Did they ever.
They held the gleaming trophy high above their smiling faces as confetti swirled around the podium, flecking their hair with gold.
“Before we went to the match tonight, we had some commentary on television and we heard comments on the situation in Japan,” coach Norio Sasaki said. “We wanted to use this opportunity to thank the people back home for the support that has been given.”
This was Japan’s first appearance in the final of a major tournament, and they had not beaten the Americans in their first 25 meetings, including a pair of 2-0 losses in warm-up games a month before the World Cup. But the Nadeshiko pushed ahead, playing inspired soccer and hoping their success could provide even a small emotional lift to their nation, where nearly 23,000 people died or were reported missing.
After each game, the team unfurled a banner saying, “To our Friends Around the World—Thank You for Your Support.” On Sunday, they did it before the match and afterward they had a new sign to display: Champion—the first Asian country to win this title.
The Americans found it all too hard to grasp. They believed they were meant to be World Cup champions after their rocky year—needing a playoff to qualify, a loss in group play to Sweden, the epic comeback against Brazil. They simply couldn’t pull off one last thriller.
“The players were patient. They wanted to win this game,” Sasaki said. “I think it’s because of that the Americans scored only two goals.”
While the Japanese celebrated at midfield, the Americans stood as a group and watched.
“There are really no words,” Abby Wambach said. “We were so close.”
After Wambach scored in the 104th minute of overtime to give the Americans a 2-1 lead, Homare Sawa flicked in a corner kick in the 117th to tie it. It was the fifth goal of the tournament for Sawa, who was playing in her fifth World Cup.
“We ran and ran,” Sawa said. “We were exhausted, but we kept running.”
The Americans had beaten Brazil on penalty kicks in a quarterfinal, but they didn’t have the same touch Sunday. Give Kaihori credit for some of that. Shannon Boxx took the first U.S. shot, and it banged off Kaihori’s right leg as she dove. After Aya Miyama made her penalty, Carli Lloyd stepped up and sent her shot soaring over the crossbar. As the crowd gasped, Lloyd covered her mouth in dismay.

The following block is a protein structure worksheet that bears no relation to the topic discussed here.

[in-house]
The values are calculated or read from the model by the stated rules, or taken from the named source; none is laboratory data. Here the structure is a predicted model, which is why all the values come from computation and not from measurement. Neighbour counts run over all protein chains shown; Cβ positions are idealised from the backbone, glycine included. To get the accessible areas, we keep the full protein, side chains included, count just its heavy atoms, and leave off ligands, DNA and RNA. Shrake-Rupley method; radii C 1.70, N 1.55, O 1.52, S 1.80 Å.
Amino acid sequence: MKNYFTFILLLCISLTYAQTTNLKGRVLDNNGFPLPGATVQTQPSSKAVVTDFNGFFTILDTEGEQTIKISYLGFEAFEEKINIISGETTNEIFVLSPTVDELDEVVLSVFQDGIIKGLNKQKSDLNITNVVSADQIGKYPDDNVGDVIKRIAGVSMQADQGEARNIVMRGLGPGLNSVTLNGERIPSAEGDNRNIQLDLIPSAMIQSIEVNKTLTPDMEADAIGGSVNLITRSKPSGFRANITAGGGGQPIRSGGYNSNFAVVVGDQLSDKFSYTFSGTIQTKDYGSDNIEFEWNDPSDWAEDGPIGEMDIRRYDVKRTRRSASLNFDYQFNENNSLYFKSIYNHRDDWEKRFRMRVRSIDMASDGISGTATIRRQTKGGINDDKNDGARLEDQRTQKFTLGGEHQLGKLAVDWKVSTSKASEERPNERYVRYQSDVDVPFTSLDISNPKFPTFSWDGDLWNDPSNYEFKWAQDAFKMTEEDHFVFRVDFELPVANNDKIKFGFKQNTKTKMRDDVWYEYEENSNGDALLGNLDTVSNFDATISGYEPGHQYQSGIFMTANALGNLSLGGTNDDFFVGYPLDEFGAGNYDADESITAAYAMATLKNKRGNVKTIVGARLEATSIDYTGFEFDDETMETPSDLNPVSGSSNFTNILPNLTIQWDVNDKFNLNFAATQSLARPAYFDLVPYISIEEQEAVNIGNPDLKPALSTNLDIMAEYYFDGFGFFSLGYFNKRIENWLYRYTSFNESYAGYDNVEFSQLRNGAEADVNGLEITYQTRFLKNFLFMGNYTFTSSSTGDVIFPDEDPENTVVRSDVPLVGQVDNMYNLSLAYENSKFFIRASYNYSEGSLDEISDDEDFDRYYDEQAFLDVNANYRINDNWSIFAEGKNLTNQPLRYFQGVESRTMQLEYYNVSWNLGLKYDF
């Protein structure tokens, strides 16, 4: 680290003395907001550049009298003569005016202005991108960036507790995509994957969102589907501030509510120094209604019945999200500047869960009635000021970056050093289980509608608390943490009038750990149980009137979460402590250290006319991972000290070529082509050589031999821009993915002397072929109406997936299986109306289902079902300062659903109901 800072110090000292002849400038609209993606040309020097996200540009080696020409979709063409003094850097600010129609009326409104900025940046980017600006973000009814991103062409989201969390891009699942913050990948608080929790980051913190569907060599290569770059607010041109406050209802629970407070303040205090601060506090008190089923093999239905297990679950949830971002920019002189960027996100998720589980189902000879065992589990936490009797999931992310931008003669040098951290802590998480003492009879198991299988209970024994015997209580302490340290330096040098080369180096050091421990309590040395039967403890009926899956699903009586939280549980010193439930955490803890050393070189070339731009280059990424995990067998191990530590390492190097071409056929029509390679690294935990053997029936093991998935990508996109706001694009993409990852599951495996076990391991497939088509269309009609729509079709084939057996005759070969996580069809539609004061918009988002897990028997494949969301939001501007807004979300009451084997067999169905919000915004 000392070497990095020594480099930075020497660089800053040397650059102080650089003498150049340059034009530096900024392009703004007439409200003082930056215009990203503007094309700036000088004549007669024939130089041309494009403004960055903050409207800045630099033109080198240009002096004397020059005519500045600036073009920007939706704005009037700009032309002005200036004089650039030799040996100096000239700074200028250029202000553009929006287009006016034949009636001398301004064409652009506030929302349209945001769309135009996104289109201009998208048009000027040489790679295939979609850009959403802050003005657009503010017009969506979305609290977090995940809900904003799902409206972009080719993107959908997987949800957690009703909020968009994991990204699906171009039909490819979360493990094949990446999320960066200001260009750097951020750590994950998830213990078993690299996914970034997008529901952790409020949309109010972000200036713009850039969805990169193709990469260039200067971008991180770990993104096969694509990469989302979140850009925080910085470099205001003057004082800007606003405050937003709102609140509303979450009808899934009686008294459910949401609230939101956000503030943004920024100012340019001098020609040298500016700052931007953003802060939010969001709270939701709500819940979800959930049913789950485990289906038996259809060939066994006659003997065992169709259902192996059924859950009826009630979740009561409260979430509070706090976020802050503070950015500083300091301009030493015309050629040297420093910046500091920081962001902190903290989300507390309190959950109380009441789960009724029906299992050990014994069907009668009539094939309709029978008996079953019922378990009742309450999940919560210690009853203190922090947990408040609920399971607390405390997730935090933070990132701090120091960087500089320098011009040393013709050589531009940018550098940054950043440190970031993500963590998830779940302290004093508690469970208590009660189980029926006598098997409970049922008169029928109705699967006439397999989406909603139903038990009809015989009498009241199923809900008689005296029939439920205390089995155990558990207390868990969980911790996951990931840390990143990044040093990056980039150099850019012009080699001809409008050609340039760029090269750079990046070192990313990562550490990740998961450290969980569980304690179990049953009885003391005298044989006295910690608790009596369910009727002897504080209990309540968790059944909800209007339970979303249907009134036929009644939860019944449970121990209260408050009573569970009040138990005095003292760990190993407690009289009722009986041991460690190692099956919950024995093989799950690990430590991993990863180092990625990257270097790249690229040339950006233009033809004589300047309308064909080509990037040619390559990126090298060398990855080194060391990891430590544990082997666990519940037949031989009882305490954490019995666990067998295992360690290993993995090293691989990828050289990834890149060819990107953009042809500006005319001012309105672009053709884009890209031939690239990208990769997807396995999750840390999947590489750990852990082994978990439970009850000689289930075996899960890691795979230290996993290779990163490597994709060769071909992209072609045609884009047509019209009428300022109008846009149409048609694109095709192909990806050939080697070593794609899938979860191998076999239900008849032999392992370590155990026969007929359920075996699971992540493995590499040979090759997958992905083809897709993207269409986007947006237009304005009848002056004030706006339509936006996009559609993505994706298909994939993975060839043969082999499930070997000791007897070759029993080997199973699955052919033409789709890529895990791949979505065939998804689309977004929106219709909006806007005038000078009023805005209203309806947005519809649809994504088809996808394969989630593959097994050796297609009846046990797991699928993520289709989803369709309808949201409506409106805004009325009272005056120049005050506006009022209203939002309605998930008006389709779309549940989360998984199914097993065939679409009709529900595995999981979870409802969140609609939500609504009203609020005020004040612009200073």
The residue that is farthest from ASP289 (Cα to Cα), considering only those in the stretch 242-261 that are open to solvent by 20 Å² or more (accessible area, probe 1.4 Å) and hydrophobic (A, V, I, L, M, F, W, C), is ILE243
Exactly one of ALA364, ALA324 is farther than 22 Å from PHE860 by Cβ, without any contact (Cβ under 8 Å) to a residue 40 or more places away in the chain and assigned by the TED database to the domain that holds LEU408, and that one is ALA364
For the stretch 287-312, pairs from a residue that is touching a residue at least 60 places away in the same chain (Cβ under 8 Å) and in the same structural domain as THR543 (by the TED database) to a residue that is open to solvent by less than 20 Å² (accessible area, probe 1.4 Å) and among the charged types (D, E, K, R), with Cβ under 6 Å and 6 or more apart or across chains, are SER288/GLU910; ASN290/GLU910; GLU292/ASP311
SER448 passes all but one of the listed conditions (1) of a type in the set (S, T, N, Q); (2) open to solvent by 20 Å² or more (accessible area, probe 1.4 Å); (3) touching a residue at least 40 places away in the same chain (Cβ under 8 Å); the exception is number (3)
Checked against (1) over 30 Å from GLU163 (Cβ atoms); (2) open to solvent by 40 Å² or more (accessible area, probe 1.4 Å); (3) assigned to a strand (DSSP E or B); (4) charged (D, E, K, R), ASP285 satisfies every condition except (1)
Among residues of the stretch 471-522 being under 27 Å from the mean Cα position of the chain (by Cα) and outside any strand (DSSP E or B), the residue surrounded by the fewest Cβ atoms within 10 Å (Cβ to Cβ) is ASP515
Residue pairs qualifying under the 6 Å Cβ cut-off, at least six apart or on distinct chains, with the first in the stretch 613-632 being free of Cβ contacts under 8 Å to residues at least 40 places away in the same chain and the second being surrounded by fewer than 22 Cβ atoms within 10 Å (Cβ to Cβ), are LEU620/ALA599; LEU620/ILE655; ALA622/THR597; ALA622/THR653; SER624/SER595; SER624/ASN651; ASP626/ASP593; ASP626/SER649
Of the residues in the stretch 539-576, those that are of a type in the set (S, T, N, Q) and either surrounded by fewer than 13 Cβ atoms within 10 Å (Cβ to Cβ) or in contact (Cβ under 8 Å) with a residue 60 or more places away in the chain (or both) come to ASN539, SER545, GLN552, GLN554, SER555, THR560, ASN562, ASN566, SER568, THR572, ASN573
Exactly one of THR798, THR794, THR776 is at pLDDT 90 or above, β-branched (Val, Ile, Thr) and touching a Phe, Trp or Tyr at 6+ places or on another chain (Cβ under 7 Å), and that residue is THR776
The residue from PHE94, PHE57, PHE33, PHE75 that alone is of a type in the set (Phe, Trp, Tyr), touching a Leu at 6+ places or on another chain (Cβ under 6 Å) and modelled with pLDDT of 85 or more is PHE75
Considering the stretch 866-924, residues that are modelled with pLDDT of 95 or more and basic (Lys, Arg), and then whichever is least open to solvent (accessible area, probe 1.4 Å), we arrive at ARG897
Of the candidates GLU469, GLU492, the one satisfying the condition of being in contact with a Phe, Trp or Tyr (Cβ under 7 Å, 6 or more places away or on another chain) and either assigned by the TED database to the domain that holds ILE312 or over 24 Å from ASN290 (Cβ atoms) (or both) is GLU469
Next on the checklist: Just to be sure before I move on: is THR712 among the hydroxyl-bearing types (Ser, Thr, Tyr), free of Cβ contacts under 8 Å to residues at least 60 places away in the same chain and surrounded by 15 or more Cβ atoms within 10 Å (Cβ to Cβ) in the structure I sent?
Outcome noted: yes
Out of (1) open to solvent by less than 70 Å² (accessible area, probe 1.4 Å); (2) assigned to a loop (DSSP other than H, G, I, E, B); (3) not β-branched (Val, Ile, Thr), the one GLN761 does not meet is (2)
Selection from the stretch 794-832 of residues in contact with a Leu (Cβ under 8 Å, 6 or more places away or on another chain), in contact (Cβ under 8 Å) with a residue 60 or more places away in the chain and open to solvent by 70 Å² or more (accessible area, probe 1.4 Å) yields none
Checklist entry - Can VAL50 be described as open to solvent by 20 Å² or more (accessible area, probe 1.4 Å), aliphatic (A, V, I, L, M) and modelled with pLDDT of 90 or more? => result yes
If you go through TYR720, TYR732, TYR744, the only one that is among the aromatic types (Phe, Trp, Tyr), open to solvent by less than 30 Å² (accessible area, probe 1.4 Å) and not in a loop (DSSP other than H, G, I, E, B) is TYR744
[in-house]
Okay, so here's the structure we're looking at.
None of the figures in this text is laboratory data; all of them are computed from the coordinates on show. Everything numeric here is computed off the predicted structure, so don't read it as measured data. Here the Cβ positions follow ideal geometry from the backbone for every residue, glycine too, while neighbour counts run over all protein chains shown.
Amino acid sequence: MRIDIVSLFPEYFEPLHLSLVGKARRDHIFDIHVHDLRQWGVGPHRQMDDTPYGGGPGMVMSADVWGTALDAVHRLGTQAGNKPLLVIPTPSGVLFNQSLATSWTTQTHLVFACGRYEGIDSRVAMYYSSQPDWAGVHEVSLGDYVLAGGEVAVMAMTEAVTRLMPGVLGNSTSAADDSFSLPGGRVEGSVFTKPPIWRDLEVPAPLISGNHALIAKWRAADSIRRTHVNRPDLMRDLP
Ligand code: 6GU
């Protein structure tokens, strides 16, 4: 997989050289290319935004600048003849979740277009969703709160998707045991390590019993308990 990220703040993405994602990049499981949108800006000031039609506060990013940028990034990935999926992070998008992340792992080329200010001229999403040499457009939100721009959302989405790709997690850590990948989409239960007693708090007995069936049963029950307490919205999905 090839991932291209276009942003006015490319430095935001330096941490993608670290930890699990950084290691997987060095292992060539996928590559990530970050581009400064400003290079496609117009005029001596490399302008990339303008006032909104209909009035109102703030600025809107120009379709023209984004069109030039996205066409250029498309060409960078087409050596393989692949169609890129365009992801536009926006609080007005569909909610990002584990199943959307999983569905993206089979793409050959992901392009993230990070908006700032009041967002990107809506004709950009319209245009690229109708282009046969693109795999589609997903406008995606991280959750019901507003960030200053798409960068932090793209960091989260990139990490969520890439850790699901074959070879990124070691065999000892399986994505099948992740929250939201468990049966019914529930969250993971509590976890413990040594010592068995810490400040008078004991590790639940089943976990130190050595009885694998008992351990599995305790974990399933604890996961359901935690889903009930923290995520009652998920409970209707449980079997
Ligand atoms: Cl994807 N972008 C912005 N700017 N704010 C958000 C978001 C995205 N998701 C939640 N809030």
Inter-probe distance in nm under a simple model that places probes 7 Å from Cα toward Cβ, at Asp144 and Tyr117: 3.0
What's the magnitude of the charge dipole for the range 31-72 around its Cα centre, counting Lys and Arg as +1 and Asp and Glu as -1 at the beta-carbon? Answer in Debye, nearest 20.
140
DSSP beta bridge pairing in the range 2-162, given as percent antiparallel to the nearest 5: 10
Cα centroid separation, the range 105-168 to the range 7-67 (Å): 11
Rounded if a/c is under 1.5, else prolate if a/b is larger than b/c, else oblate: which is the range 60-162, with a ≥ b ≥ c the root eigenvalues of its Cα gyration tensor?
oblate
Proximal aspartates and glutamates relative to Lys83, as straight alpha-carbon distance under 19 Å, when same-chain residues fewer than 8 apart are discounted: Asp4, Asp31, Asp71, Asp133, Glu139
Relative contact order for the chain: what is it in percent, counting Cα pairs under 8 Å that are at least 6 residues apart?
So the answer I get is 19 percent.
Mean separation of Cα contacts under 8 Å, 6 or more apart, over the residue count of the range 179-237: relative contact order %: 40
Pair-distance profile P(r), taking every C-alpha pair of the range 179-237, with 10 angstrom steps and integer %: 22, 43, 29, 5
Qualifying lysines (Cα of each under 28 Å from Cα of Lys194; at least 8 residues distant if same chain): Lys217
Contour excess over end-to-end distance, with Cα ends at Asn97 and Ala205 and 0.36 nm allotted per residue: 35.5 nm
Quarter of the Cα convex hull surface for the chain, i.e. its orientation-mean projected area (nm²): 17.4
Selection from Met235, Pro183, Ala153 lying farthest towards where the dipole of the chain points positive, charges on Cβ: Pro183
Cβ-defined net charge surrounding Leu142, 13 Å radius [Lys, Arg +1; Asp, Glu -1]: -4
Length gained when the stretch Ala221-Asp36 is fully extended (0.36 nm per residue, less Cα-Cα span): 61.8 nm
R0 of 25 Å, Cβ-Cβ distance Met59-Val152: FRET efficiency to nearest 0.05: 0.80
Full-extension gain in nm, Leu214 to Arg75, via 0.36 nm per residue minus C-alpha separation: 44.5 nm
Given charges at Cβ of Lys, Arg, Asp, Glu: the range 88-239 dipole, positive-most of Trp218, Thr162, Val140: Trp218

Solo saved Japan’s next shot, but Kaihori made an impressive two-handed save on a shot by Tobin Heath.
“This is a team effort,” Kaihori said. “In the penalty shootout I just had to believe in myself and I was very confident.”
Solo came up with a save, and Wambach buried her penalty kick.
But Japan need to make just one more, and Saki Kumagai did.
“It’s tough to do two rounds of penalties,” Wambach said. “The keeper knows in a lot of ways where we’re going to go. She made some great saves.”
It’s been 12 years since the United States has won the World Cup, and this team was certain they were the ones to break the drought. They’d needed to beat Italy in a two-game playoff just to get into the World Cup, then lost two games in a three-month span, an unusual “bad streak” for the defending Olympic champions.
After easy wins in their first two games in Germany, the Americans lost to Sweden—their first loss ever in World Cup group play.
But they rallied with one of the most riveting finishes ever in a World Cup game—men’s or women’s—against Brazil in the quarterfinals. Down a player for almost an hour and on the verge of making their earliest exit ever from a major tournament, Wambach’s magnificent, leaping header in the 122nd minute tied the game.
The Americans beat Brazil on penalty kicks and, just like that, a nation was hooked.
Hollywood celebrities, pro athletes, even folks who don’t know a bicycle kick from a Schwinn were captivated by the U.S. women and charmed by their grit and can-do attitude that is uniquely—proudly—American. Even President Barack Obama was a fan, taking to Twitter himself on Sunday morning to wish the team well.
“Sorry I can’t be there to see you play, but I’ll be cheering you on from here. Let’s go.—BO.”
But, of course, it was not to be.
“Considering the current situation in Japan, I can say that we still have some weak points,” Sasaki said. “Nevertheless this has been an outstanding tournament for us.”
The Americans finished the first half with a 12-5 shot advantage but had just one attempt on target. Lauren Cheney came up short three times, Wambach shook the crossbar and Megan Rapinoe banged one off the near post.
The Americans finally broke through in the second half, with Morgan scoring her second goal of the tournament in the 69th. Rapinoe booted a pass that traveled almost half the length of the field and Morgan, who replaced the injured Cheney at halftime, beat three defenders to catch up to it. She shook Kumagai, touched the ball once with her right foot, stutter-stepped and then delivered a left-footed blast from 17 yards that Kaihori had no chance at stopping.
The Americans raced over to Morgan for a group bearhug while chants of “U-S-A! U-S-A!” echoed through the stadium.
But with just nine minutes or so before they could claim the title, the Americans gifted Japan a goal. Rachel Buehler tied to clear the ball right in front of the goal and knocked it to Ali Krieger, who botched her clearance, too. The ball fell to Miyama, who poked it in from five yards to tie it.
“If any other country was to win this, then I’m really happy and proud for Japan,” Lloyd said. “Deep down inside I really thought it was our destiny to win it. But maybe it was Japan’s.”